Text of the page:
Florence: Two patients dead after van swept away in floods
Two mental health patients have died when the police van they were being transported in got caught in floodwaters in the US, police say.
The two officers escorting the pair were eventually rescued. The patients' deaths bring the death toll from Storm Florence to 37.
Thousands of homes and roadways in the region remain underwater less than a week after the storm made landfall.
President Donald Trump arrived in North Carolina on Wednesday to survey damage.
Mr Trump praised the response to the "devastating" storm by federal and local disaster officials at a news conference in North Carolina on Wednesday morning.
"Unfortunately, the money will be a lot, but it's going to come as fast as you need it," Mr Trump said. "We're going to take care of everybody."
Mr Trump will be heading to South Carolina next.
The storm's latest victims in South Carolina were identified as Wendy Wenton, 45, and Nicolette Green, 43, by the Marion County Coroner, US media report.
The Horry County Sheriff's Department said in a statement that when the waters overtook the van, they rose too quickly for the pair to be saved.
- Pig waste pools overflow after Florence
- A community cut off after 'terrifying' storm
- The numbers behind impact of Florence
A high water team eventually rescued the two deputies who were escorting them. The deputies were able to climb atop the van as waters inundated the vehicle.
"Despite persistent and ongoing efforts, floodwater rose rapidly and the deputies were unable to open the doors to reach the individuals inside the van," the police statement said, according to the Greenville News.
"At this time, the recovery effort is ongoing, and the transportation vehicle cannot be removed due to rising waters and dangerous conditions."
The detainees were women being transported from Waccamaw Mental Health and Loris Hospital to a behavioural health hospital in Darlington, South Carolina, according to the Associated Press.
"Tonight's incident is a tragedy," Sheriff Phillip Thompson told the Greenville News.
"Just like you, we have questions we want answered. We are fully co-operating with the State Law Enforcement Division to support their investigation of this event."
The tragic incident occurred near the Little Pee Dee River, which continues to rise as water from upriver North Carolina makes its way into South Carolina's waterways.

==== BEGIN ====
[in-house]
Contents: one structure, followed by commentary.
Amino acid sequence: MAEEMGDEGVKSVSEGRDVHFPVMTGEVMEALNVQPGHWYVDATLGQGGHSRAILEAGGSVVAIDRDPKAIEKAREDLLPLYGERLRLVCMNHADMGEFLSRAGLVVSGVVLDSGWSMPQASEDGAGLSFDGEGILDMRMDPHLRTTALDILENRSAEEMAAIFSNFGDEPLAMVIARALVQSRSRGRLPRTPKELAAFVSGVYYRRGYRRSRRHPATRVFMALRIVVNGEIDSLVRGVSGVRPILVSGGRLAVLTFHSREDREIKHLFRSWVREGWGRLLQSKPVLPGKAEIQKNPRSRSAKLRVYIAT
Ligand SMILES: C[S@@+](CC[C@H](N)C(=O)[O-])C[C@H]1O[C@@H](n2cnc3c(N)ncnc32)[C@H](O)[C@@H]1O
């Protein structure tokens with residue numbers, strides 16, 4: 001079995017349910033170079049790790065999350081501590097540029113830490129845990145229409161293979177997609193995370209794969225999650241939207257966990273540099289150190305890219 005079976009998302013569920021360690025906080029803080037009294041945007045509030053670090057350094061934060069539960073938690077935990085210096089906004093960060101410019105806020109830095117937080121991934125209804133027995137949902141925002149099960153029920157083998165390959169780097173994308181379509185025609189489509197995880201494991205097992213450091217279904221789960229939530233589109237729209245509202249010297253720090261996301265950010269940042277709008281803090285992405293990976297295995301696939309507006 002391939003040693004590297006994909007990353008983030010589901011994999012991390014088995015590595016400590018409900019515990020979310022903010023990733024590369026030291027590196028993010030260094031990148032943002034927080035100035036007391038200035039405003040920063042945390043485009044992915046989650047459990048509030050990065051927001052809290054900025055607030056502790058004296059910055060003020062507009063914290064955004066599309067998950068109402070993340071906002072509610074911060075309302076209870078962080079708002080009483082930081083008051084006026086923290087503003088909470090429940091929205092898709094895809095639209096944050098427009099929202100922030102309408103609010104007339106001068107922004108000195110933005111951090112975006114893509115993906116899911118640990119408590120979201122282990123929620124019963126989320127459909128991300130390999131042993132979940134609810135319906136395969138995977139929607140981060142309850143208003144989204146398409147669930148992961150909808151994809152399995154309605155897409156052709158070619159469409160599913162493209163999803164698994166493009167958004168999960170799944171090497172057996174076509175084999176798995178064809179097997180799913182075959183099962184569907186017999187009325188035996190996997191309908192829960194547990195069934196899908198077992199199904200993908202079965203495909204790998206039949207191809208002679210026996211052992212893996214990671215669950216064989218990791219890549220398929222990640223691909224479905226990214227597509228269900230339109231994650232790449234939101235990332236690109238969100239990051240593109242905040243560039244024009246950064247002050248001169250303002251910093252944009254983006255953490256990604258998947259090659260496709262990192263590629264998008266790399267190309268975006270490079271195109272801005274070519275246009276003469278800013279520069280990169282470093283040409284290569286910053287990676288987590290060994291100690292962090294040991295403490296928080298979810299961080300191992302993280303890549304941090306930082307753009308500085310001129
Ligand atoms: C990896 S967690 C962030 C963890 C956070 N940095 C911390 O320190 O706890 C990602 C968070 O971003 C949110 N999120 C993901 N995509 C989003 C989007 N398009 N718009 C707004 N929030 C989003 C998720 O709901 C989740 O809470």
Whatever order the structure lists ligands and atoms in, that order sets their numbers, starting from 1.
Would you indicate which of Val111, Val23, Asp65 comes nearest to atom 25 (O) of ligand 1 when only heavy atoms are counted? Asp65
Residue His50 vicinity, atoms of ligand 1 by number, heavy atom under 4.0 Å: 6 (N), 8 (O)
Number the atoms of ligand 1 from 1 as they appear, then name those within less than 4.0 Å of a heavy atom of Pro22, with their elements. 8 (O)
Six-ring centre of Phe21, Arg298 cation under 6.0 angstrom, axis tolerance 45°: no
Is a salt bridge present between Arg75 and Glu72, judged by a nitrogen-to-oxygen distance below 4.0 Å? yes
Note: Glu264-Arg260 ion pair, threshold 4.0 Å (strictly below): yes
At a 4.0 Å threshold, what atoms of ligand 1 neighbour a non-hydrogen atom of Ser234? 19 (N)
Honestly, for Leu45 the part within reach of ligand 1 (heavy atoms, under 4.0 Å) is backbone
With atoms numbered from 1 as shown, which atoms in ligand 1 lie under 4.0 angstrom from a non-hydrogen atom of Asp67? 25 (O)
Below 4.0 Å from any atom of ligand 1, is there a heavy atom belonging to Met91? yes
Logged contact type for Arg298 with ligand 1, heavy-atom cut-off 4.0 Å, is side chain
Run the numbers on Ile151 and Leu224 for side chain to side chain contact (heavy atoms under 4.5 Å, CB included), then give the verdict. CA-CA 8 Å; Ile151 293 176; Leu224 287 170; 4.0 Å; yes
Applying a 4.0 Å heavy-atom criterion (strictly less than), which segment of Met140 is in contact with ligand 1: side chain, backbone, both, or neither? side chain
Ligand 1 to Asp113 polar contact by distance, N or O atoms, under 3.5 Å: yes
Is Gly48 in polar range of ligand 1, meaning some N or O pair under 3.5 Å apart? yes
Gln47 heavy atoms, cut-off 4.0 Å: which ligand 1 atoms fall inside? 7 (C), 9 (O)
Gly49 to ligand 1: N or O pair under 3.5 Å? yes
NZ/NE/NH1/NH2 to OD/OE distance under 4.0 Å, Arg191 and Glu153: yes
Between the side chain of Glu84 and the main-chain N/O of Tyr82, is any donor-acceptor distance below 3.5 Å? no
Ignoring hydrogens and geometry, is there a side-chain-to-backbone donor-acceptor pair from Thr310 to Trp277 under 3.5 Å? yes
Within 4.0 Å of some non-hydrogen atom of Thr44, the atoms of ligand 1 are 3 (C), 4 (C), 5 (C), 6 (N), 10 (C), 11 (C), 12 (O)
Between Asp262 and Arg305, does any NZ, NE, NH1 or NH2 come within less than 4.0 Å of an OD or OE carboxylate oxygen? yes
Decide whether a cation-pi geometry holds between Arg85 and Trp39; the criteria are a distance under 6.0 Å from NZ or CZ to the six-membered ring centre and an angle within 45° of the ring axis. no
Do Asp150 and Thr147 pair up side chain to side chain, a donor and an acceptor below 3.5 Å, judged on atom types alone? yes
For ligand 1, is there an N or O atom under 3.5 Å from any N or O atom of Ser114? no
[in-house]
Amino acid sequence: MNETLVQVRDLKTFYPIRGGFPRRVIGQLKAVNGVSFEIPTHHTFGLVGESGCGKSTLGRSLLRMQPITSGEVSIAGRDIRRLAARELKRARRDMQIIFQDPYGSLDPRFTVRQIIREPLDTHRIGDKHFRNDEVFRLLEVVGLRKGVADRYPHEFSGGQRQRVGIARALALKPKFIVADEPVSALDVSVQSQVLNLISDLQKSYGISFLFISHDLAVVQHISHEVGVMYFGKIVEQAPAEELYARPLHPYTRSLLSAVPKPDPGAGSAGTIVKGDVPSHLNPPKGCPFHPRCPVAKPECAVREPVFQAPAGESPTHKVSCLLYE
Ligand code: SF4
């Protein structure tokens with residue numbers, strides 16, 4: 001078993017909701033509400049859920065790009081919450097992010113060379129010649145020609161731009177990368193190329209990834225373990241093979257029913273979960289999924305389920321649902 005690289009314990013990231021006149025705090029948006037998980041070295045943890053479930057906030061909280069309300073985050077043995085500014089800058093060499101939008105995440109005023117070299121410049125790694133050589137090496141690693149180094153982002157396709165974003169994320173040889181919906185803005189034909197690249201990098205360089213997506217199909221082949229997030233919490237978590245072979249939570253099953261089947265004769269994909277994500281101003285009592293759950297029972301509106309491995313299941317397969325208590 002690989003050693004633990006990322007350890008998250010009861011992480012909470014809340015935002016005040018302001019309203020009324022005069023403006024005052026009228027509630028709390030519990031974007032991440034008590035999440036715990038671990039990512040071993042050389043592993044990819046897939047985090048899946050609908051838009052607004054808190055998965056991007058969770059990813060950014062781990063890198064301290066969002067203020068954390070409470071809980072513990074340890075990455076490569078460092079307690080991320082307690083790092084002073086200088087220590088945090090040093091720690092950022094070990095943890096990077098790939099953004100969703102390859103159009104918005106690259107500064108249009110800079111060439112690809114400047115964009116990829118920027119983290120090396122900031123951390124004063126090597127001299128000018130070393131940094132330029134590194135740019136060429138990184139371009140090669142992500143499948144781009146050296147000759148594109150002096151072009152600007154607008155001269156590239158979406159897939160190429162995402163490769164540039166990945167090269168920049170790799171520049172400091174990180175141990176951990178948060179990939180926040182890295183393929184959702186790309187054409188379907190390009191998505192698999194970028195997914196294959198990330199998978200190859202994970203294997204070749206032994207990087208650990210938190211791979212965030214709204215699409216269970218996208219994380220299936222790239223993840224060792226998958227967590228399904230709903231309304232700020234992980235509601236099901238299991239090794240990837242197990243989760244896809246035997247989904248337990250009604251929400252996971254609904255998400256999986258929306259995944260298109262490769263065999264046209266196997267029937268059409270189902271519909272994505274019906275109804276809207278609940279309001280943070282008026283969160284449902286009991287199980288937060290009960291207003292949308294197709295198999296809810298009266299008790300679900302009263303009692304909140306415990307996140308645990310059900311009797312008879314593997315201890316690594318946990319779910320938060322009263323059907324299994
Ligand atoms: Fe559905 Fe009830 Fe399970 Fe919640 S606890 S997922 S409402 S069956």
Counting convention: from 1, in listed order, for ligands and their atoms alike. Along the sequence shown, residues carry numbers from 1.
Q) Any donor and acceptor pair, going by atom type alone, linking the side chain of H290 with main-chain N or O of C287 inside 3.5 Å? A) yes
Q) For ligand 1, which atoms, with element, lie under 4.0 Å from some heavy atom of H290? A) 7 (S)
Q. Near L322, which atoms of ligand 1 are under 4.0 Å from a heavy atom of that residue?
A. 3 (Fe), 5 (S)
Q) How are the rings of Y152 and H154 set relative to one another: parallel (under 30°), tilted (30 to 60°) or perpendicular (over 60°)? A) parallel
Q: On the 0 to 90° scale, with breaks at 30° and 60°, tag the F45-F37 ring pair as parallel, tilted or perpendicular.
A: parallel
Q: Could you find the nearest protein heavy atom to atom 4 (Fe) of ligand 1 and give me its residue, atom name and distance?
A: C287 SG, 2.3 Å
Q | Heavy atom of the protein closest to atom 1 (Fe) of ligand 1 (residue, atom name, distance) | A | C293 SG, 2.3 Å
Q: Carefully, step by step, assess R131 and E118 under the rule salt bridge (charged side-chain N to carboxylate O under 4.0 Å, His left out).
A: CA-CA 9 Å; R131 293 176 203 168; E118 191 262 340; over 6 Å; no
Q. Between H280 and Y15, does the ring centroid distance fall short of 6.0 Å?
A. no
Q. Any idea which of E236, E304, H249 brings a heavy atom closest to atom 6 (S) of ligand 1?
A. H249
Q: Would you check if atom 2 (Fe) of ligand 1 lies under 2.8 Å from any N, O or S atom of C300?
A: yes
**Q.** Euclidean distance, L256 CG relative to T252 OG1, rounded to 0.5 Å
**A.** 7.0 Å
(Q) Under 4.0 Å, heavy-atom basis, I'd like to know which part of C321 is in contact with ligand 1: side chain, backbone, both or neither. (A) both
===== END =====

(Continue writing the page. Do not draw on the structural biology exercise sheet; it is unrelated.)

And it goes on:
The Little Pee Dee has crested in some regions at over 46ft (14m) and its flooding has impacted town water supplies, officials say.
Florence has claimed eight lives in South Carolina thus far, and flooding is expected to worsen later this week and into next.
A long road to recovery
Thousands of homes are still underwater in the Carolinas and thousands of families have had to be rescued from the floods.
As of Wednesday, more than 3,000 people had been rescued in North Carolina and 20,000 federal and military personnel are supporting state efforts.
North Carolina Governor Roy Cooper called Florence "a storm like no other" during a news conference with Mr Trump and federal officials on Wednesday.
"We are a beacon in the South and we have weathered storms before in our state. But Mr President, we have never seen one like this. This one has been epic. It has been disastrous. It has been widespread."
Interactive Slide to see flooding in North Carolina as a result of Hurricane Florence
Brock Long, administrator of the Federal Emergency Management Agency (Fema), said the government is pushing disaster survivor assistance teams into the Carolinas.
"A disaster response like this takes all of us working together, not just the federal government," he said. "This event's not over. The rivers are still cresting we still have a lot of work to do."
The president has promised to completely support the Carolinas' recovery efforts.
"We will be there 100%," he said. "That's why we started early, and we'll be here late."